4. Capt Phil Topps, AMS

    Even in states where “mandatory education” is required, such as my state of New Jersey where a NJ Boaters’ Safety Certificate is required,the preponderance of the “students” we teach, who attend our classes show minimal interest, only taking our classes to get the card.
    The levels of truly dangerous actions on the water remain the same,even after “mandatory education” becomes the law of the state.
    Unfortunately, only tighter enforcement will modify bad behavior.

  5. CaptA

    Good point Capt Phil,

    I have always advocated the law should be changed for boaters meaning boaters should be required to get a license. A less comprehensive version of the OUPV (6-pack) license. My idea has been:

    1) No Physical or Drug test requirements;
    2) Rules of the Road test
    3) Plotting/General Navigation Exam; (Use a test designed by either the USCG Aux or American Sailing Association).

    The big deterrent would be enforcement. If you lose your license, you can not operate a boat—that simple. I think it would make the waters safer. Ask the various marine police units in the States.

  6. Havasued

    There are two types of boater “education.” One is the kind of knowledge and information you learn from a book or taking a class (very valuable). The other is on-the-water instruction on how to operate your specific type of boat (even more valuable, especially in high performance situations). It’s obvious from this video that the pilot of this boat could have used both — his throttling technique was inviting disaster. Fortunately there were no fatalities but some very sore bodies.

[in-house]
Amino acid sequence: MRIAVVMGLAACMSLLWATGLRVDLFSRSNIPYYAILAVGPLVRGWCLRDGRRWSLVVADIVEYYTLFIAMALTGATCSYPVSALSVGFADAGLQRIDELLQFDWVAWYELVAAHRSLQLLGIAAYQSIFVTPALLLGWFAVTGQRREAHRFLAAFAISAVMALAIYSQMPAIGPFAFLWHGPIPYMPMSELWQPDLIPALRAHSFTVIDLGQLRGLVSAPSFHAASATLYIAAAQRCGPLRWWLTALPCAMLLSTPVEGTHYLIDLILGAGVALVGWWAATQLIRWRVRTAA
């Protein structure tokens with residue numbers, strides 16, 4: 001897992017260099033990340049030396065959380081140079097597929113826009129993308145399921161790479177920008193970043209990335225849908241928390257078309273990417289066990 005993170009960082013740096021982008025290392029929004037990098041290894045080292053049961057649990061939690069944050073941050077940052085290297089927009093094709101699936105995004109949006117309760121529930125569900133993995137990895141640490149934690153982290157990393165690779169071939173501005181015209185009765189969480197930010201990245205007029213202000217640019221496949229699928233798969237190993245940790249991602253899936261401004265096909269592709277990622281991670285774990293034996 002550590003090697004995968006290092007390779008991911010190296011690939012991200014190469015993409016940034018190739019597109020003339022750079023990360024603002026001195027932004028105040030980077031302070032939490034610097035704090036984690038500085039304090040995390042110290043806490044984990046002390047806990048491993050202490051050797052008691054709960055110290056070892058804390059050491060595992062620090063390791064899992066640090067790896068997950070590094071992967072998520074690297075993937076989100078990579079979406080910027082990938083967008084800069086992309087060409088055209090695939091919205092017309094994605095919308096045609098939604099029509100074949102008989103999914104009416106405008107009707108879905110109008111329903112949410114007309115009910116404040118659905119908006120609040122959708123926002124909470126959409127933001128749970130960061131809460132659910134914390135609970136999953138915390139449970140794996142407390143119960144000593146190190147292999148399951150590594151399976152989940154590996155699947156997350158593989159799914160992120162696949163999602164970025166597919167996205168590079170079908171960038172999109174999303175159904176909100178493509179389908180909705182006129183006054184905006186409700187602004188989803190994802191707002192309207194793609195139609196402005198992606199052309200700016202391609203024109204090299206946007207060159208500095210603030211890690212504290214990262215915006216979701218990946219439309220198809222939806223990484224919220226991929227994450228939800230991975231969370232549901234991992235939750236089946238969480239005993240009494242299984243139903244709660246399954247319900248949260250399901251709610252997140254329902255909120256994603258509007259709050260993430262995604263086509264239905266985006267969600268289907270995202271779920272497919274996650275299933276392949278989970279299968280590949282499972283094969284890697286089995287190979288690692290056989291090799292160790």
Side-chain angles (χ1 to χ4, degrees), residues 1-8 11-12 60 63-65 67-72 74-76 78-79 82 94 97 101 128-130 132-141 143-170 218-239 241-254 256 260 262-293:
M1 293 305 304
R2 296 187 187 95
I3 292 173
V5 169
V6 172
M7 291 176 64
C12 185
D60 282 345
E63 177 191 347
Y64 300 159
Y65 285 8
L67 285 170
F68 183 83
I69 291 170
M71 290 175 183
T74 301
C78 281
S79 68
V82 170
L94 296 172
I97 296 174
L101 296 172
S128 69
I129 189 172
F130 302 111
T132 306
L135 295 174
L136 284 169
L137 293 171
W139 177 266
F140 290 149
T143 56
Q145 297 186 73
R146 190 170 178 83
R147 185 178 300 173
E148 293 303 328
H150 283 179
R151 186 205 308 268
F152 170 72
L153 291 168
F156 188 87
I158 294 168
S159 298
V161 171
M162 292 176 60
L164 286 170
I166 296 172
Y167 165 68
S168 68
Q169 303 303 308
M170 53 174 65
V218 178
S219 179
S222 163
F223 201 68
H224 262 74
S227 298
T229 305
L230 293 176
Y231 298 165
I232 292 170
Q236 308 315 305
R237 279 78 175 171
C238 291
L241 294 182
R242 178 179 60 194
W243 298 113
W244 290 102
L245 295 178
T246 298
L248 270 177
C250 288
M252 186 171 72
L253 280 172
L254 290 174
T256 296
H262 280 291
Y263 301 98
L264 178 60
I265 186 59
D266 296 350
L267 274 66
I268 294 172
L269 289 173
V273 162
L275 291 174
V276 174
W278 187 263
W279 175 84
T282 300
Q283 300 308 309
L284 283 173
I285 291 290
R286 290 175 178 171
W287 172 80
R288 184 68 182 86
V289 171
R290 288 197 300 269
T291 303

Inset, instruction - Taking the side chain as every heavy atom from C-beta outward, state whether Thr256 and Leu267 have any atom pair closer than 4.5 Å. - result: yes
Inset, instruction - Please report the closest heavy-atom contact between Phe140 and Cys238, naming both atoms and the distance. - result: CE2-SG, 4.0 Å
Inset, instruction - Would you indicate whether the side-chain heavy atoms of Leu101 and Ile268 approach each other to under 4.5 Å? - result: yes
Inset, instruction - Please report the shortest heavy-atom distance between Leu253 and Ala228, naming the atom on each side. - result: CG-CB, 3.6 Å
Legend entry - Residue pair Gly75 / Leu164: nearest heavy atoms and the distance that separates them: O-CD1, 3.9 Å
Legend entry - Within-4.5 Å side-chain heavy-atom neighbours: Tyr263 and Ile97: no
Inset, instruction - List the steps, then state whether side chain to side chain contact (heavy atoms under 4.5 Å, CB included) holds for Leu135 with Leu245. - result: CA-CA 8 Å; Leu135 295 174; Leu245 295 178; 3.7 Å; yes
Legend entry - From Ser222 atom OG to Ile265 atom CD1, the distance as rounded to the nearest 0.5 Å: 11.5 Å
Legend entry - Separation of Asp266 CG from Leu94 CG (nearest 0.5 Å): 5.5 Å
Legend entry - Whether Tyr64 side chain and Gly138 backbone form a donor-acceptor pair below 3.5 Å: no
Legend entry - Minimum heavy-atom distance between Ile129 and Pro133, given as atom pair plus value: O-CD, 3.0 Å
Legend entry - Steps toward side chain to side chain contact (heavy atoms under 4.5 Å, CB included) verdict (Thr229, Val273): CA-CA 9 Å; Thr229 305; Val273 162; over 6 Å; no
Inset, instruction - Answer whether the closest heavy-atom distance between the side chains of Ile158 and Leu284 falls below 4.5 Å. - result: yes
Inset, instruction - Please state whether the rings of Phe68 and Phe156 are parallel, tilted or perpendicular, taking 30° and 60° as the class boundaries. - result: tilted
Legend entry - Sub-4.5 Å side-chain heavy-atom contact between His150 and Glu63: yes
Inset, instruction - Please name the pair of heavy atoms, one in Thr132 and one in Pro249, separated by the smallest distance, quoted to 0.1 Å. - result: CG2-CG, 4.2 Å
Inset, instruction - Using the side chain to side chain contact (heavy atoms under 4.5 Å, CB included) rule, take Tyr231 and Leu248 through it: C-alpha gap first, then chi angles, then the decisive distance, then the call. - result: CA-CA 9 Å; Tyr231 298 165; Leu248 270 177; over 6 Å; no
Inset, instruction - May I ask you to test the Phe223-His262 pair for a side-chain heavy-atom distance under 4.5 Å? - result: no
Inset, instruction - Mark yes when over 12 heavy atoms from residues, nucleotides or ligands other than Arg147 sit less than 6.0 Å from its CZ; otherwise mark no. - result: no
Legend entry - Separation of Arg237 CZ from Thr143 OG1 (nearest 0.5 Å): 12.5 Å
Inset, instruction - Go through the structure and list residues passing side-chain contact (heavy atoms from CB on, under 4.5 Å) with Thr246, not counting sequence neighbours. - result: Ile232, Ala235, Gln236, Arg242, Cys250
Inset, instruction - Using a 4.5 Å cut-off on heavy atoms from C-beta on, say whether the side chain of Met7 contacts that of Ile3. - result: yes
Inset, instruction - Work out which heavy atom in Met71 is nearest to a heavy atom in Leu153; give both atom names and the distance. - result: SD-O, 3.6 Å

7. matt

    Deviating from the topic and moving to the video, what is the captain doing with his left hand? I’ve never been on a go-fast boat but he appears to be shifting gears. Can some one enlighten me?

  8. goboatinginflorida

    The more we become educated the more we recognize the role of excessive (although ‘legal’) speed.
    Go figure.

  9. CaptainA

    Just a reminder, Colregs Rule #6:

    Rule 6 – Safe Speed

    Every vessel shall at all times proceed at a safe speed so that she can take proper and effective action to avoid collision and be stopped within a distance appropriate to the prevailing circumstances and conditions.

    In determining a safe speed the following factors shall be among those taken into account:
    (a) By all vessels:

    (i) The state of visibility;
    (ii) The traffic density including concentrations of fishing vessels or any other vessels;
    (iii) The manageability of the vessel with special reference to stopping distance and turning ability in the prevailing conditions;
    (iv) At night, the presence of background light such as from shore lights or from back scatter from her own lights;
    (v) The state of wind, sea and current, and the proximity of navigational hazards;
    (vi) The draft in relation to the available depth of water.

    (b) Additionally, by vessels with operational radar:

    (i) The characteristics, efficiency and limitations of the radar equipment;
    (ii) Any constraints imposed by the radar range scale in use;
    (iii) The effect on radar detection of the sea state, weather and other sources of interference;
    (iv) The possibility that small vessels, ice and other floating objects may not be detected by radar at an adequate range;
    (v) The number, location and movement of vessels detected by radar;
    (vi) The more exact assessment of the visibility that may be possible when radar is used to determine the range of vessels or other objects in the vicinity.